Apart from the delays this caused, customs refused to let bells come into the country at all, because bells were forbidden in Bosnia. However, as the Trappists were not allowed to speak, the tolling of bells governed their timetable and were indispensable. Pfanner solved the problem by smuggling them in, concealed in wine casks.
Throughout his life he would refuse to allow man-made rules to obstruct his love of God and his calling.
Because monks were not permitted any contact with females, they could not teach or work in the co-educational school or orphanage at Mariastern. Pfanner managed the problem by bringing in convent Sisters to teach at the school and work in the orphanage. They proved a great success and Franz was later to adopt the same strategy at Mariannhill mission in South Africa.
His converts and congregation at Mariastern grew at such a rate that he had to buy up more land to grow crops, as it was imperative that the monastery produce enough food for all — an important Trappist principle was that of self-sufficiency.
Sadly, the extension of monastery land caused conflict, because Bosnians living on neighbouring properties complained about the frequent tolling of the bells, which were needed to announce set times of work or contemplation. Objections were sent to the bishop who instructed Franz to “curb his unruly spirit” and to limit further development.
However, it could not be denied that Mariastern monastery was a great success, and it transpired that Franz Pfanner was to be proclaimed an abbot.
This would have meant a life of comparative ease, but it was not what Franz wanted; his heart remained devoted to outreach and mission work.
Life-changing call from SA
It was at this juncture in his career that an event occurred that would change his life — and those of countless others.
At a chapter meeting of the order, Bishop James David Ricards, of the Eastern vicariate in South Africa made an unusual request: he sought a group of monks to open a mission station at Dunbrody, near the Sundays River in the Eastern Cape. Abbot Pfanner, to the amazement of all those present, offered to go, with the famous words: “If no one will go, I will go.”
Travel arrangements were concluded and shortly afterwards Abbot Pfanner, a group of monks and a printing press left by ship for Africa.
Franz was miserably seasick the whole way, arriving emaciated and hollow-eyed. His condition was not improved by the sight of the land on which he was to build his station. It was arid, drought-stricken and barren.
Nonetheless the monks started work with vigour, clearing the thorn bush and planting crops to achieve the Trappist goal of self-sufficiency.
When increasing amounts of money were needed for equipment and materials, Pfanner printed brochures with photographs of progress made, and sent them to Europe to raise funds.
He also went to Europe himself, on fund-raising tours. He would travel from town to town in an open cart, eating only bread and fruit, and give such humorous, witty and charismatic speeches that his audiences donated generously.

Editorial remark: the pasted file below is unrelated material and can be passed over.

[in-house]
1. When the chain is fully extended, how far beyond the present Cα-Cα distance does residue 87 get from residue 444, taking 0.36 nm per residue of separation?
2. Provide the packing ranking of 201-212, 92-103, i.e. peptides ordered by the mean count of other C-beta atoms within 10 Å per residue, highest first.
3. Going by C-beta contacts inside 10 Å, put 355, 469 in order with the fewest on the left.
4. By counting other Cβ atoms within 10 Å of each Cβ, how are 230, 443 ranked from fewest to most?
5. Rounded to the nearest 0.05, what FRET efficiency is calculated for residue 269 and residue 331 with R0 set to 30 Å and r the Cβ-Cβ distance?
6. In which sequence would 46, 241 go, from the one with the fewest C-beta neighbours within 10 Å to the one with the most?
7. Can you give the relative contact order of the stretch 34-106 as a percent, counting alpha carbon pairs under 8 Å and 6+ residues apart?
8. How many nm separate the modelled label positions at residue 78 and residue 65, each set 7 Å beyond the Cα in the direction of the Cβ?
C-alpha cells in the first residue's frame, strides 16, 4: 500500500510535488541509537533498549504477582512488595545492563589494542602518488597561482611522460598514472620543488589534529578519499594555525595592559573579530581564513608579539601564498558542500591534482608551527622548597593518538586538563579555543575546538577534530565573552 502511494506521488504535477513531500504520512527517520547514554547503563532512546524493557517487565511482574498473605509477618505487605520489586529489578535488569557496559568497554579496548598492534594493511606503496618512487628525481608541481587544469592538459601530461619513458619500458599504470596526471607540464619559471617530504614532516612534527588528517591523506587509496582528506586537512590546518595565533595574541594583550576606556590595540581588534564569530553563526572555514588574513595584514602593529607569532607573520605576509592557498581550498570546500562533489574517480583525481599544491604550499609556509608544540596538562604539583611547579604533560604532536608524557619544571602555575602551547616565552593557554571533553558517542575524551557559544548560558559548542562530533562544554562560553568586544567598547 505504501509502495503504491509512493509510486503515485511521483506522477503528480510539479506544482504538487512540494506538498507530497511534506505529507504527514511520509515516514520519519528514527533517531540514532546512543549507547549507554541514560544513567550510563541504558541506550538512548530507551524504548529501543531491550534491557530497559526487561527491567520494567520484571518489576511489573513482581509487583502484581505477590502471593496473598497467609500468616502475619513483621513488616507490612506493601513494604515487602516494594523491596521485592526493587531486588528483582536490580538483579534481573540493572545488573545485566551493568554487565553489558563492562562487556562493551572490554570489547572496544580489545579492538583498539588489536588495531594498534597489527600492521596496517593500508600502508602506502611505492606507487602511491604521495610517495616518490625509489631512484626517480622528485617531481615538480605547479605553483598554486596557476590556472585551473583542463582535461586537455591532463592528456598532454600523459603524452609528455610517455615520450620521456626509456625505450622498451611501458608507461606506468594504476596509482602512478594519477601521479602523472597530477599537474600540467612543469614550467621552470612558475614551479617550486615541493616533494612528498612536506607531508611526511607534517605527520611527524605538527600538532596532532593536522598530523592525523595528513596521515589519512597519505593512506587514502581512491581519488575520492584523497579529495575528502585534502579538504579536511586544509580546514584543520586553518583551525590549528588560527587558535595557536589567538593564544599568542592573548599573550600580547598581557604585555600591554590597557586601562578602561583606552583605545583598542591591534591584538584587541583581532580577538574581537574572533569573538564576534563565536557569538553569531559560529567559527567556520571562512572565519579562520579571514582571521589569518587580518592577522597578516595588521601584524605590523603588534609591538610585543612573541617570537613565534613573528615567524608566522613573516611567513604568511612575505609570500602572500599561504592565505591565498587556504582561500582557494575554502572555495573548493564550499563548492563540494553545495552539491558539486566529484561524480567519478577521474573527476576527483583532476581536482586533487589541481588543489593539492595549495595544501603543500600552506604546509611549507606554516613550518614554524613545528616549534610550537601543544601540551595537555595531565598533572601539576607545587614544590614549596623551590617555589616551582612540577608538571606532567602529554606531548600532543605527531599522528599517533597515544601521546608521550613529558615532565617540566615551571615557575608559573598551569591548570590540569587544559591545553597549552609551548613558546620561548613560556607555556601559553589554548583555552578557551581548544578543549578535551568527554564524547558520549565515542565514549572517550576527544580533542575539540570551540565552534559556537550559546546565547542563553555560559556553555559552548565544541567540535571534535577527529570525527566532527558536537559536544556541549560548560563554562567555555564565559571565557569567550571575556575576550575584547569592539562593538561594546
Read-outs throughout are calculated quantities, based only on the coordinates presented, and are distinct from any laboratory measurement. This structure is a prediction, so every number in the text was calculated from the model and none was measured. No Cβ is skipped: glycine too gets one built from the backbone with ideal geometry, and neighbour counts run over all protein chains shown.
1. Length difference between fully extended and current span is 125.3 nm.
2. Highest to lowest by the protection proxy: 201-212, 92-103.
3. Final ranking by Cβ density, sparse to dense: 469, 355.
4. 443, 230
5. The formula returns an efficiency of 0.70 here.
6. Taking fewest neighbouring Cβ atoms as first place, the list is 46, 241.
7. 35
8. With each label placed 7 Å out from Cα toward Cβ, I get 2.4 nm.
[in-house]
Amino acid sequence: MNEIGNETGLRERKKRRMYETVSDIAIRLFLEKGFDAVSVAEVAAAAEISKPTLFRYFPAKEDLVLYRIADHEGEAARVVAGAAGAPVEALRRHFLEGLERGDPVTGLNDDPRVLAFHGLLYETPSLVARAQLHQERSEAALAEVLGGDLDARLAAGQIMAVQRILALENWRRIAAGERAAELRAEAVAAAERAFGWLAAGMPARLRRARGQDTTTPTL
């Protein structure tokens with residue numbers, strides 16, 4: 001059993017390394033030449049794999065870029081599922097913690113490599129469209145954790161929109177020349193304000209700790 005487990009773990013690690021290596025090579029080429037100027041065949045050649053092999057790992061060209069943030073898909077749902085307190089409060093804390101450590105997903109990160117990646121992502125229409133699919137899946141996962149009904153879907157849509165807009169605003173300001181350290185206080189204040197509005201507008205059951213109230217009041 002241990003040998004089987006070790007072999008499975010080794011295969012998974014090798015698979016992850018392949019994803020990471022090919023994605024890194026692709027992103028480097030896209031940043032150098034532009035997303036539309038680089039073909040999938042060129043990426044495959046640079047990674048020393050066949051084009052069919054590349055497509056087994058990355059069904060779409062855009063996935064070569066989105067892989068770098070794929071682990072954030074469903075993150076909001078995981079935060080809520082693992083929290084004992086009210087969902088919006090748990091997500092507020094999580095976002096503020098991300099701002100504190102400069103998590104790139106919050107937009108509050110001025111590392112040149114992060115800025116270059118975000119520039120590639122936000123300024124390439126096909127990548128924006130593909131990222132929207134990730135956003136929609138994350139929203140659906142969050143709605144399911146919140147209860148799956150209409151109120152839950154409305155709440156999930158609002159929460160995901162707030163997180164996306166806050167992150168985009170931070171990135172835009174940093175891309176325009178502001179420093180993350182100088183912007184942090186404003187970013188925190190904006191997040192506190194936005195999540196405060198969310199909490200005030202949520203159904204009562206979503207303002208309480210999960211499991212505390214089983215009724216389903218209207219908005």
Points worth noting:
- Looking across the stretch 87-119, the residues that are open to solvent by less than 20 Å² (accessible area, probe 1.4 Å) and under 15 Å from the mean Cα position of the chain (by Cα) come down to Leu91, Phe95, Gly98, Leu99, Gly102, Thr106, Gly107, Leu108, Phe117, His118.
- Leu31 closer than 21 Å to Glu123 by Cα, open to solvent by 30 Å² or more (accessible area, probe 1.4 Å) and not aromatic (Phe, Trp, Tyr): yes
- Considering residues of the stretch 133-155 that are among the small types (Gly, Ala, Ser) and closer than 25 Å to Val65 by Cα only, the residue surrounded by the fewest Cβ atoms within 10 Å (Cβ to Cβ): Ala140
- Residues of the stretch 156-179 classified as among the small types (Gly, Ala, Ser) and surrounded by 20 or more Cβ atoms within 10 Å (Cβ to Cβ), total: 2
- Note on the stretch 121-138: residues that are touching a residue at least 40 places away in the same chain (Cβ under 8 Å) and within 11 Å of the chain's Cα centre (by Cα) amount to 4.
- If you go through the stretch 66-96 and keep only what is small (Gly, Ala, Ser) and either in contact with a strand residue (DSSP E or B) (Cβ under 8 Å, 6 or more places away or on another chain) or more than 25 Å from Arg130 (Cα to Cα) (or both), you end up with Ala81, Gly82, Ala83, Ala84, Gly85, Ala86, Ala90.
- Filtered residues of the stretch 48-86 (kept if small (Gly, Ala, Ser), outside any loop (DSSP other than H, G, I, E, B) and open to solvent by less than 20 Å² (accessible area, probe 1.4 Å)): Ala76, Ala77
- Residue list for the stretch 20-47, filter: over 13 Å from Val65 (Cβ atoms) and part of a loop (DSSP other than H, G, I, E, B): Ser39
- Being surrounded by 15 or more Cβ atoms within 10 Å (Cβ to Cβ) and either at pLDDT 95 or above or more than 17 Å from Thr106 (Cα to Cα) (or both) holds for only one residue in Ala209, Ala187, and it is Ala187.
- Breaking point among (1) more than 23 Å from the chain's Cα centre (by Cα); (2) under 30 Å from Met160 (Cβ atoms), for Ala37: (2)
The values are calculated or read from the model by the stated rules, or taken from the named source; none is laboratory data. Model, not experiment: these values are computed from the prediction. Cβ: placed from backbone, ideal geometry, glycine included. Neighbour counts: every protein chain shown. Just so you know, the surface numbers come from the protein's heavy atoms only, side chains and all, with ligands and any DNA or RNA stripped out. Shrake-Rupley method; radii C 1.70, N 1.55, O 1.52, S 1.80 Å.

But sadly, the drought in the Cape persisted, locusts destroyed the little food the monks managed to cultivate, and it was clear that the project was doomed to fail.
The move to Natal
Determined to remain in Africa, Pfanner wrote to the bishop of Natal to ask if he might relocate his mission from the Eastern Cape to well-watered Natal. Bishop Jolivet agreed, planning to settle the Trappists on an abandoned mission station near Umzinto, on the south coast.
Fortunately for Pfanner, he heard from a prominent Natal businessman that faction-fighting among those living in that area would make it untenable for mission work. Pfanner looked around for a suitable farm to buy instead.
Fortuitously, there was a farmer close to Pinetown whose land was up for sale; he owned fertile fields on the banks of the Umhlatazana river. Pfanner’s offer for the farm was accepted, and he lost no time in moving his monks, printing press and other equipment to Pinetown by rail, and then to the new farm by ox-wagon. He arrived in December 1882.
The success of the Trappists at Mariannhill monastery soon became legendary. Their motto —”Work and Prayer”— reflected their Benedictine origins; and their way of living produced wonderful results.
The monastery, with a farm and workshops, was in the heart of a rural community, and the people around learned by example from the Brothers.
The monks did all the hard, physical labour themselves and in this way taught farming methods and technical skills.
Before long the school engendered well-educated young Blacks, many of them skilled in the trades of wagon-building, carpentry, ironwork, book-binding, tanning, leatherwork, barrel-making, printing, tailoring, candle-making and more.
Nicki von der Heyde’s book Triumph and Tragedy: Trappist Missions in South Africa, with more than 200 historic and modern photographs, will be published later this month. To order, contact the author at email@example.com